Newly released flu statistics from the CT Department of Public Health revealed that deaths from the virus are up to 97 in Connecticut, which is 20 more than the previous week. And while the season appears to show signs of peaking, it still remains widespread.

Last week 6-year-old Emma Splan, a first-grader at Columbus Magnet School in Norwalk, died of flu-related complications. Emma’s death comes just a month after 10-year-old Nico Mallozzi of New Canaan, died from the flu.

Earlier this month, the DPH reported more than 6,200 cases of the flu have been diagnosed statewide this season; Fairfield County had the most with 1,920.

GOOD Morning Wilton spoke with Dr. Mark Wasserman, AFC Urgent Care medical director and Janet Nazarian, director of marketing and community relations to get some insight into this year’s flu season and why it’s reached epidemic proportions.

What is it about the flu this year that makes it so much worse than previous strains? 

This year’s strain, H3N2, causes the worst outbreaks of two influenza A viruses and two types of influenza viruses. Seasons when H3H2 dominates, are associated with more hospitalizations, more deaths, and more illnesses, especially among the very young, the elderly, and people with certain chronic health conditions. This strain is able to change more quickly and effect the human immune system than other viruses targeted in this year’s flu vaccine.

How much longer will flu season last?

It’s hard to predict how long the flu season will last. Most of the time flu activity peaks between December and February, although activity can last as late as May. According to the latest data, flu activity has been increasing into February which is unusual. Even if flu activity peaks soon, there will be many more weeks of flu activity based on similar seasons when this strain has dominated.

How effective was the flu vaccine this year? 

Flu vaccines aren’t perfect. Health officials must choose the influenza strains that vaccine makers should target for an upcoming flu season months in advance, when it is hard to know what strains might be circulating. When the vaccines are well matched, effectiveness is at best about 60%. This year the flu vaccine has been reported as 36% effective in the US and only 25% against the dominant H3H2 strain.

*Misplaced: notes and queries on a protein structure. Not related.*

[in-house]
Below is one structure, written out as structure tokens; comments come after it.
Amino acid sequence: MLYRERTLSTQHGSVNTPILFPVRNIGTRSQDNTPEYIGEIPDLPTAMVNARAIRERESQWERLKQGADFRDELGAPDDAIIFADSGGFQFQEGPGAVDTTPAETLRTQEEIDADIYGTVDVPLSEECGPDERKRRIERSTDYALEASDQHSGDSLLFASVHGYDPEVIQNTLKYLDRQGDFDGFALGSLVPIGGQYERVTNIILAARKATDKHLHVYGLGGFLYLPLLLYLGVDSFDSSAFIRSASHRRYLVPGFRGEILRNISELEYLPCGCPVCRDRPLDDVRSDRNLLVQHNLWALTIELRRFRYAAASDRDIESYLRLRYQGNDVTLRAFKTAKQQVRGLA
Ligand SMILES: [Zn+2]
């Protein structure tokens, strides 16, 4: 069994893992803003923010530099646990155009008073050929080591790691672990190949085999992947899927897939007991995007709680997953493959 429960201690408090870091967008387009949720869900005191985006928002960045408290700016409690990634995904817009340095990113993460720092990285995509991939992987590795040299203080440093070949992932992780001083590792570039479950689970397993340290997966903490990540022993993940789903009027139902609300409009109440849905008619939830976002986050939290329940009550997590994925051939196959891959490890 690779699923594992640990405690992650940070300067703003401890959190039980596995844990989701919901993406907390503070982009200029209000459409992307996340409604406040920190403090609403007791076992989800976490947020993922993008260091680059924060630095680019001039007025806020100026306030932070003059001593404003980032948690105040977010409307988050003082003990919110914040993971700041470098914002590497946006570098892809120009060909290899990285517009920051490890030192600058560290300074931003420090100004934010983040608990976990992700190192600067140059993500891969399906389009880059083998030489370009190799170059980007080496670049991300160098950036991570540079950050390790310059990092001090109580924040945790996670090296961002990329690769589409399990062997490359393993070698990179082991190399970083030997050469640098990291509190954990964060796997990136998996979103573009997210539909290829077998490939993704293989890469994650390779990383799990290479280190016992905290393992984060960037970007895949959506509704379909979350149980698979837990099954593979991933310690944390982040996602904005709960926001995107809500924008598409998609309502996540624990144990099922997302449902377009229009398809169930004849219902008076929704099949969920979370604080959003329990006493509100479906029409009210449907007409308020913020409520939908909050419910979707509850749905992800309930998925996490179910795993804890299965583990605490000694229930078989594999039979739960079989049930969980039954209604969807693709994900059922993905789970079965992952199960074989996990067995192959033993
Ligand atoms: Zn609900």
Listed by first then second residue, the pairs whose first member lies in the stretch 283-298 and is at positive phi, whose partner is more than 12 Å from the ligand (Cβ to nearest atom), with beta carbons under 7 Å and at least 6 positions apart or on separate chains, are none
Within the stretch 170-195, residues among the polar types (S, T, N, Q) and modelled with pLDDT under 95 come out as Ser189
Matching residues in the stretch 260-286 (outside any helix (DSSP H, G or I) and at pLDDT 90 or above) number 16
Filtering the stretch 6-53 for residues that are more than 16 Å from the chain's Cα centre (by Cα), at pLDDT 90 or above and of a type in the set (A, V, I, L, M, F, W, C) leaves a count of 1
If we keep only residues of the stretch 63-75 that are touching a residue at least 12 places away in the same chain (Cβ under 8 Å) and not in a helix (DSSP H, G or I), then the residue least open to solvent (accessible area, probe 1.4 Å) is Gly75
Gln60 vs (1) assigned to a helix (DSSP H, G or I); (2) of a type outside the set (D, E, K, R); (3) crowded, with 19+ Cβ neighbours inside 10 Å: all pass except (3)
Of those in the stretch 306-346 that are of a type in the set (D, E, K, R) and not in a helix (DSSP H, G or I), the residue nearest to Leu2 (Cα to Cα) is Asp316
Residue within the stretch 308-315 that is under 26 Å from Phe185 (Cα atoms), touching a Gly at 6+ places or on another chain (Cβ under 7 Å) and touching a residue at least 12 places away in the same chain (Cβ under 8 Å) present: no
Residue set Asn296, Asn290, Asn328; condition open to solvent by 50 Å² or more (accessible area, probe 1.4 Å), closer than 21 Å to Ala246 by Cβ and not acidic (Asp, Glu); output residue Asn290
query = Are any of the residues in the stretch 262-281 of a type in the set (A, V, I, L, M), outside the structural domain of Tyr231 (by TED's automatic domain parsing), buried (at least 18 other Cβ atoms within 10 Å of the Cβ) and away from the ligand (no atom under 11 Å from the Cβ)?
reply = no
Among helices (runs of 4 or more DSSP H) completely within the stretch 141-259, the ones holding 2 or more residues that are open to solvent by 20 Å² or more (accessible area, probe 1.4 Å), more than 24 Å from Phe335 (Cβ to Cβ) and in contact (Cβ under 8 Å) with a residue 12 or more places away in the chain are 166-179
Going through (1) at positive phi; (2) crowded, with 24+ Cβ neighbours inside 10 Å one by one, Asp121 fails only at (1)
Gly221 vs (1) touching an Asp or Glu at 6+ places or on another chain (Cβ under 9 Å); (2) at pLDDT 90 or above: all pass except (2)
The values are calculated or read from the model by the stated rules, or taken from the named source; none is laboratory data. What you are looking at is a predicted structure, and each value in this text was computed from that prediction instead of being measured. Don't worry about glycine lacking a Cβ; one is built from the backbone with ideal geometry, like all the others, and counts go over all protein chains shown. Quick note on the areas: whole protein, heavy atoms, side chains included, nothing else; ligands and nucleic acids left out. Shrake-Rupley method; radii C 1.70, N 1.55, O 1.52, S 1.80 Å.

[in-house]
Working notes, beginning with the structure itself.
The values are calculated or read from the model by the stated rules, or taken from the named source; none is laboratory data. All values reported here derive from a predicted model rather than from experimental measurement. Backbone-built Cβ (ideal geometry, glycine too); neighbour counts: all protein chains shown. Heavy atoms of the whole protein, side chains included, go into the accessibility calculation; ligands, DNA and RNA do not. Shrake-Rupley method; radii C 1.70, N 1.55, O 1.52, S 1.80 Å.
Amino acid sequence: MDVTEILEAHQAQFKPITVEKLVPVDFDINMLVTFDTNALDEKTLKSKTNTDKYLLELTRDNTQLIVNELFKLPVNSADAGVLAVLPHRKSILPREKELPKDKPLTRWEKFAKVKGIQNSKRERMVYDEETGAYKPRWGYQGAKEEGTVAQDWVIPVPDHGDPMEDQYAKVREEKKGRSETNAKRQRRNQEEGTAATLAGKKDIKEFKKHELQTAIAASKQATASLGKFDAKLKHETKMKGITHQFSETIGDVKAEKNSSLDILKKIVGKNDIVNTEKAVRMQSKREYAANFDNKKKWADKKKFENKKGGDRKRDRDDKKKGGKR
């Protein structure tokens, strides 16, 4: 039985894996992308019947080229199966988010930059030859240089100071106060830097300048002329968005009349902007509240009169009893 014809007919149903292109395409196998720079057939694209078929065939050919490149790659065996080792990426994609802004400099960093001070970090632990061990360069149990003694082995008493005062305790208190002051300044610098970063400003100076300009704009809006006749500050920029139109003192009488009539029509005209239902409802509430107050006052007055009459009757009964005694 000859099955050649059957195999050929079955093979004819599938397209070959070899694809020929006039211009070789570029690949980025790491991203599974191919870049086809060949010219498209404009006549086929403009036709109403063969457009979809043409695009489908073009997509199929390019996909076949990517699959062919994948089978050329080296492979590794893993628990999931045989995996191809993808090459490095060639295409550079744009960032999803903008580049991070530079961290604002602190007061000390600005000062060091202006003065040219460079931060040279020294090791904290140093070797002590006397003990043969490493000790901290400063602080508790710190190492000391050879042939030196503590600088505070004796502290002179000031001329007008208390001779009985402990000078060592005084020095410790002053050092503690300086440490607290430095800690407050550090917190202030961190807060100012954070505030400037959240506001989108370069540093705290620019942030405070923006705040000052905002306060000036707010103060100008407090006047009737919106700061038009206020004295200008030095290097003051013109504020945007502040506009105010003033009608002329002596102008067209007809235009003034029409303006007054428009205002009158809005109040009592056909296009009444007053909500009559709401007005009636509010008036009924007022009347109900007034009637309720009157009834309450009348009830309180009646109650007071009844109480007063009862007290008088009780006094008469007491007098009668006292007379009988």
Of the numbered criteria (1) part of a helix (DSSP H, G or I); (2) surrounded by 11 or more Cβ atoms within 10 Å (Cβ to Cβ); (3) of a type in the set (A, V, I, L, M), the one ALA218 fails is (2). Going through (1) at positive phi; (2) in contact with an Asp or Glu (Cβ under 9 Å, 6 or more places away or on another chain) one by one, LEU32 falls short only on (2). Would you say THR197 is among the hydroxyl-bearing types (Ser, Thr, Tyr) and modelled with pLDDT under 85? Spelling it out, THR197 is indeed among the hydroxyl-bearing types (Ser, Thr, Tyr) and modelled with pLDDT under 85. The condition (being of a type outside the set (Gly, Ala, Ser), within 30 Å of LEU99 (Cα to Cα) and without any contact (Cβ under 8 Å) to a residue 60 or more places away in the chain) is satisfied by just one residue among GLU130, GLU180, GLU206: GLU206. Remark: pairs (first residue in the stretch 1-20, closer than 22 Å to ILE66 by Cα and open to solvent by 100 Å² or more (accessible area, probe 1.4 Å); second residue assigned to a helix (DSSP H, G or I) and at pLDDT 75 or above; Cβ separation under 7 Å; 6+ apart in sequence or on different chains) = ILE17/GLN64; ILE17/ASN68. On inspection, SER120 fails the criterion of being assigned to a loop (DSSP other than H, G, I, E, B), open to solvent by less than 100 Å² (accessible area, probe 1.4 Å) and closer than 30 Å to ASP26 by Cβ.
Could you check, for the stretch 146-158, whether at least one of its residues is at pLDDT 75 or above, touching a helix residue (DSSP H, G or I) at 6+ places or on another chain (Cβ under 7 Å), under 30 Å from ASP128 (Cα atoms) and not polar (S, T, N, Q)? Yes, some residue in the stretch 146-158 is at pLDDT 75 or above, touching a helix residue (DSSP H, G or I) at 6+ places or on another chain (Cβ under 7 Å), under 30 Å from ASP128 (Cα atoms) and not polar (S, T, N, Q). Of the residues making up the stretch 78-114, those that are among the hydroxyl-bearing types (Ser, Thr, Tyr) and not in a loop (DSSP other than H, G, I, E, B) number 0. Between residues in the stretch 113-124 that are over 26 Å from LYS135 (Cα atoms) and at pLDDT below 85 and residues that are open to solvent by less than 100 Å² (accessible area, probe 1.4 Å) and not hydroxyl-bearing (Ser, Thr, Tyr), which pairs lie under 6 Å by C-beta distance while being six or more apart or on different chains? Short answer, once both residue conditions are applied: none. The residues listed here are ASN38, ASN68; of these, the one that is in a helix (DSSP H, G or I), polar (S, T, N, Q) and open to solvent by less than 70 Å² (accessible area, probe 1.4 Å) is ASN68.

When does it become “too late” to get the flu vaccine? 

It’s never too late to get the flu shot and is recommended throughout the flu season while flu viruses are spreading. While this flu season is predicted to continue for the next couple months, getting the vaccine can help prevent infections, more serious complications, and even lessen symptoms if you do get the flu.

How do you define the range of flu symptoms? What are the red flags for parents? 

Flu symptoms can vary from person to person. Some symptoms to watch for are:

  • Fever or feeling feverish
  • Cough
  • Sore throat
  • Runny or stuffy nose
  • Muscle or body aches
  • Headaches
  • Fatigue
  • Vomiting and diarrhea, although more common in children than adults

What protocol do you recommend if someone suspects they or a loved one have the flu? 

Parents should bring their children in to the hospital if they aren’t drinking, are very lethargic, have pain in a specific place in their chest, or are having difficulty breathing after normal activity. Also, if they are getting better and suddenly get worse, bring them to the hospital right away, because this could be a sign of a secondary bacterial infections.

What factors are/have been in place to describe this season as an “epidemic.” 

One reason that healthy children are particularly more vulnerable, is how their immune symptom responds. Infection with a flu strain they haven’t been exposed to can trigger their immune system to overreact which can lead to widespread inflammation that can be fatal.

What’s the best way to prevent or protect from flu? 

Aside from getting the vaccine, the most important thing you can do is prevent spreading germs. Wash hands frequently. If someone is sick, separate tooth brushes and replace after the person gets well. Wash bedding frequently in hot water. Clean your humidifiers. Keep the remotes wiped off with antibacterial wipes, as well as light switches and door knobs.

If you or someone in your family needs a flu shot or rapid flu test, AFC Urgent Care is in supply of both. Located at 607 Main Ave. in Norwalk (just over the Wilton/Norwalk border), the center is open seven days a week and no appointment is necessary.